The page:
Geopolitics has long circled around reserves of fossil fuels, the most critical assets in a fossil-based world. But although they will be around for a few more decades, fossil fuels will gradually become less important as a global power factor. What will come in their place? Will energy continue its role in a different form? Will the geopolitics of sustainability and a circular economy announce a new era? Would food and water become new geopolitical factors? And can access to reliable information become a new political weapon? Or technological prowess?
General characteristics of geopolitics
Geopolitics is the favourite subject of politicians and scholars of international relations. It is about the leverage of one country over others, based on geological factors: the endowment of the country with mineral and fossil reserves, or its strategic geographical position. Often, geopolitics is the decisive factor in international conflicts. The geopolitics of fossil fuels have dominated history for many decades, with the 1973 OPEC oil boycott as a climax and the 2003 invasion of Iraq as a first sign of decline. Minerals also played their part in international conflicts, for instance in the 1879-1883 Atacama border conflict between Bolivia, Peru and Chile, following the discovery of nitrate, silver and copper in the area. A major incident was the 1960-1965 Katanga crisis. Katanga, now Eastern Congo, tried to secede from the newly formed republic of Congo – it holds major reserves of strategic minerals: uranium, radium, copper, cobalt, zinc, cadmium, germanium, manganese, silver, gold, and tin. In fact, the conflicts surrounding Eastern Congo have not died down yet; coltan (the mineral resource for niobium an tantalum) being a new source of many disputes. Another incident was the annexation of the former Spanish Sahara by Morocco (1976) – the area contains by far the largest reserves of phosphate in the world. And the history of the Middle East from 1900 onwards cannot be understood without taking into account the major geopolitical importance that this region owes to its oil and gas.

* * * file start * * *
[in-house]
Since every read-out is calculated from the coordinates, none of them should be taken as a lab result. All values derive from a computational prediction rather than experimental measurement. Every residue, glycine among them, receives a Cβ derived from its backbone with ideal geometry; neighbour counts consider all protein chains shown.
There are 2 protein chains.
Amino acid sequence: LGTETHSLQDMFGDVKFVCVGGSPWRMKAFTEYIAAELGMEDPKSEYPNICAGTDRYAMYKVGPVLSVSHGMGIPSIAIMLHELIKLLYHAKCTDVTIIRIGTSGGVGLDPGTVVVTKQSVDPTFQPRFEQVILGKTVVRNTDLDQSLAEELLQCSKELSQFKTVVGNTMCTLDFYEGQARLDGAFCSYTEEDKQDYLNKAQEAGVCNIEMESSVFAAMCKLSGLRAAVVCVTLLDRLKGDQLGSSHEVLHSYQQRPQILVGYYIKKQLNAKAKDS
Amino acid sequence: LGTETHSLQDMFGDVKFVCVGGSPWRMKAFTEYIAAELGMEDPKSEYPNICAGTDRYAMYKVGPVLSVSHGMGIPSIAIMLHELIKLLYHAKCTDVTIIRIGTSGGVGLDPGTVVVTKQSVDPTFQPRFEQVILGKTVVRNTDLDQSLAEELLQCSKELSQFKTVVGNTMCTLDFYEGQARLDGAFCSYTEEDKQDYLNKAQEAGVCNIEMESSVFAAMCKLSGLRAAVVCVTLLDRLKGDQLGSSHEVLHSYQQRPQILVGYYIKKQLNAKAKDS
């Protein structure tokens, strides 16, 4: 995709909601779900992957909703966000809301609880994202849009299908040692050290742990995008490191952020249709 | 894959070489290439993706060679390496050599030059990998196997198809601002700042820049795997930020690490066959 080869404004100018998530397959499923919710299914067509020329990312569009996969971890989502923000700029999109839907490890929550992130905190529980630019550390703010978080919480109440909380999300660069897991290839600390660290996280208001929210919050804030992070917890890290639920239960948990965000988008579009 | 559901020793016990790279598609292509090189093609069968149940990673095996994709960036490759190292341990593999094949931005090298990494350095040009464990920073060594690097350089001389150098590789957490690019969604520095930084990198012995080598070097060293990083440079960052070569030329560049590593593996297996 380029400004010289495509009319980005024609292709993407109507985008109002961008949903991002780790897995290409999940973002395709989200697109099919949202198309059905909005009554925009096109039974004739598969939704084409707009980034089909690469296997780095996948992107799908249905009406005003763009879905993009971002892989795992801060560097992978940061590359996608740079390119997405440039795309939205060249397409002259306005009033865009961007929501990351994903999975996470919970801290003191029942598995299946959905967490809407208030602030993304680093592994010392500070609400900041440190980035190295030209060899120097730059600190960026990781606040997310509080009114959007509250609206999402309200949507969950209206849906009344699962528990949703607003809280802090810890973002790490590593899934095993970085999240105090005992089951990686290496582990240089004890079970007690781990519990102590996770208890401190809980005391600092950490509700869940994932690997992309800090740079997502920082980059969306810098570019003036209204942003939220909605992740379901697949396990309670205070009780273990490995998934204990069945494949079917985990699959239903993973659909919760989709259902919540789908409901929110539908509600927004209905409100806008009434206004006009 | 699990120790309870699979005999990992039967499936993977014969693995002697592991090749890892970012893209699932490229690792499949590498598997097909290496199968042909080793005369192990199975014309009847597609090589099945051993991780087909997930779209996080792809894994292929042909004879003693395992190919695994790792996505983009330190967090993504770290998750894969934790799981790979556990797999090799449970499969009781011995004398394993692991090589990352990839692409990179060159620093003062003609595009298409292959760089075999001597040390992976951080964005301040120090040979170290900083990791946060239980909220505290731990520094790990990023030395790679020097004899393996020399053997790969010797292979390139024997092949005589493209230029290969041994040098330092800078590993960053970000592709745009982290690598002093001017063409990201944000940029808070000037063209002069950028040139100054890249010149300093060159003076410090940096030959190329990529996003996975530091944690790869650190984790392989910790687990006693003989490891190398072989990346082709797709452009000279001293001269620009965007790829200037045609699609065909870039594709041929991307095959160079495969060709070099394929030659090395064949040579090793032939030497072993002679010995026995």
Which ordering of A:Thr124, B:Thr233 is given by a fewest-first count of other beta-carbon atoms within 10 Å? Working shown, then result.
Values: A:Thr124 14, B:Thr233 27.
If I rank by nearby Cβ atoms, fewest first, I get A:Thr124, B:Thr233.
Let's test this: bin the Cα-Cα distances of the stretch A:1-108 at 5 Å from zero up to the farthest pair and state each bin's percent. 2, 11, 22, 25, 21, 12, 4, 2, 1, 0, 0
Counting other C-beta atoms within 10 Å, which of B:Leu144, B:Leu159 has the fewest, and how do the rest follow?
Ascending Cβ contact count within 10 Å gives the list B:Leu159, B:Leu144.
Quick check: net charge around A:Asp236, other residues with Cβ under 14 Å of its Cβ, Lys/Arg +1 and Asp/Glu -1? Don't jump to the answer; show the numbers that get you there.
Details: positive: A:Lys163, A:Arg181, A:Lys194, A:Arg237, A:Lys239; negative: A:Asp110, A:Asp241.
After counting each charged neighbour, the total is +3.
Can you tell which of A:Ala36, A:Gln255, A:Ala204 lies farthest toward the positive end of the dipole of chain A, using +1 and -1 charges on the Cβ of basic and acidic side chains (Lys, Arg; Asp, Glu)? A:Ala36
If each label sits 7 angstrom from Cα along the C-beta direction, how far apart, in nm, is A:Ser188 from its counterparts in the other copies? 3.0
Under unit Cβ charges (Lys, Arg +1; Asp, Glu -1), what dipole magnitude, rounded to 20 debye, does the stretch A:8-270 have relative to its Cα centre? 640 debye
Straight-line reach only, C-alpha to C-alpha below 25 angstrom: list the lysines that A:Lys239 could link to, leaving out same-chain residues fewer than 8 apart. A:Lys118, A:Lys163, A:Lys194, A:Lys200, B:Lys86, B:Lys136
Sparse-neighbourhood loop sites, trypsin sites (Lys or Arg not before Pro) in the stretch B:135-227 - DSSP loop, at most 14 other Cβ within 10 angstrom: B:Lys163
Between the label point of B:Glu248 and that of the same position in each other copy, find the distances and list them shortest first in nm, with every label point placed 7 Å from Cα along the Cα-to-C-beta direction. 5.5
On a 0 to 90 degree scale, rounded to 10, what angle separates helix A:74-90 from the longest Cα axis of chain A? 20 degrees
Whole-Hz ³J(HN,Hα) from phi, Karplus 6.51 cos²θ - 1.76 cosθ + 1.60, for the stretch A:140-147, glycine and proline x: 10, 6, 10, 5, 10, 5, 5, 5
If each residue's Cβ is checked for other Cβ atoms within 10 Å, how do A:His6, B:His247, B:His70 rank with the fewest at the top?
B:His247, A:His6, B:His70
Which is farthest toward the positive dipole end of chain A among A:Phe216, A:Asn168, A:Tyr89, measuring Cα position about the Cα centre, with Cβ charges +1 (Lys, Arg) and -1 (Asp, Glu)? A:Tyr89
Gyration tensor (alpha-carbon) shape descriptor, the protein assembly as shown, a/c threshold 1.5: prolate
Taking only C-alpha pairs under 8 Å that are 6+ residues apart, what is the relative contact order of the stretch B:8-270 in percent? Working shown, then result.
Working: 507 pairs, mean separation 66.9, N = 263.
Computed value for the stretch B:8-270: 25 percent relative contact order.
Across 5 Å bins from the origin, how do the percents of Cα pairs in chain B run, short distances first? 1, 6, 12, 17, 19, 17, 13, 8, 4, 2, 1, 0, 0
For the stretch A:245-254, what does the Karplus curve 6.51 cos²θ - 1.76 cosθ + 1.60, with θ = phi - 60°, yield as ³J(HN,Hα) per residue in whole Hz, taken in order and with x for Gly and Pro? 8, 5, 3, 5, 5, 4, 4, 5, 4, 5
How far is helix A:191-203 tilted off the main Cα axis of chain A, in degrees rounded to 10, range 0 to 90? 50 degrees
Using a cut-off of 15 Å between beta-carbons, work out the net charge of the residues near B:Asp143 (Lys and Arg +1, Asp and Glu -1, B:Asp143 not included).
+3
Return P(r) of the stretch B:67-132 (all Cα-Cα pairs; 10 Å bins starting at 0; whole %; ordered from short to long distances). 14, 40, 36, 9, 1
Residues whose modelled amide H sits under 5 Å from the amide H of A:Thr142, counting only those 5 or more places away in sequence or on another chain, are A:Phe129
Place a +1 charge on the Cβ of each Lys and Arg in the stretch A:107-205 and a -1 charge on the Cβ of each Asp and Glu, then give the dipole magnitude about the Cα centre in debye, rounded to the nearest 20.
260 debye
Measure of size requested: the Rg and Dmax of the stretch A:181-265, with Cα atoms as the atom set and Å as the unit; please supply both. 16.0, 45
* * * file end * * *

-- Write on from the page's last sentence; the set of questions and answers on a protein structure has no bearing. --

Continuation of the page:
The geopolitical superpowers
Fossil oil and gas as geopolitical factor originates from Europe and the USA. In particular the role of America is fascinating. The United States is richly endowed with fossil and mineral reserves, and therefore independent of other countries in many of its resources. But from the 1970s onwards, the USA developed an unprecedented vulnerability in energy supply through massive imports of cheap oil, in particular from the Middle East. A very much undesirable position for a self-declared world leader from World War II onwards. For a few decades, regaining energy independence has been a major drive of US international policy. A goal that it finally reached in the 2010s through shale gas and shale oil.
A second example is probably China, that has used its strong position in areas like rare earth metals to, at first, contain Japanese dominance in electronics. By now it can exploit this position in a far wider context such as information technology and essential parts in equipment that harvests solar and wind energy. Other countries are much less driven by geopolitics, particularly smaller countries with a trading tradition and/or little or no mineral and fossil reserves, like Denmark and the Netherlands. They rather stress the importance of open borders and free trade. Larger countries with no easily definable material assets like India, Japan and Brazil, struggle to find a successful international policy. Russia, now as ever before, simply continues its place in the international order from an economy based on a wasteful use of its mineral resources.
Can the geopolitics of sustainability be different?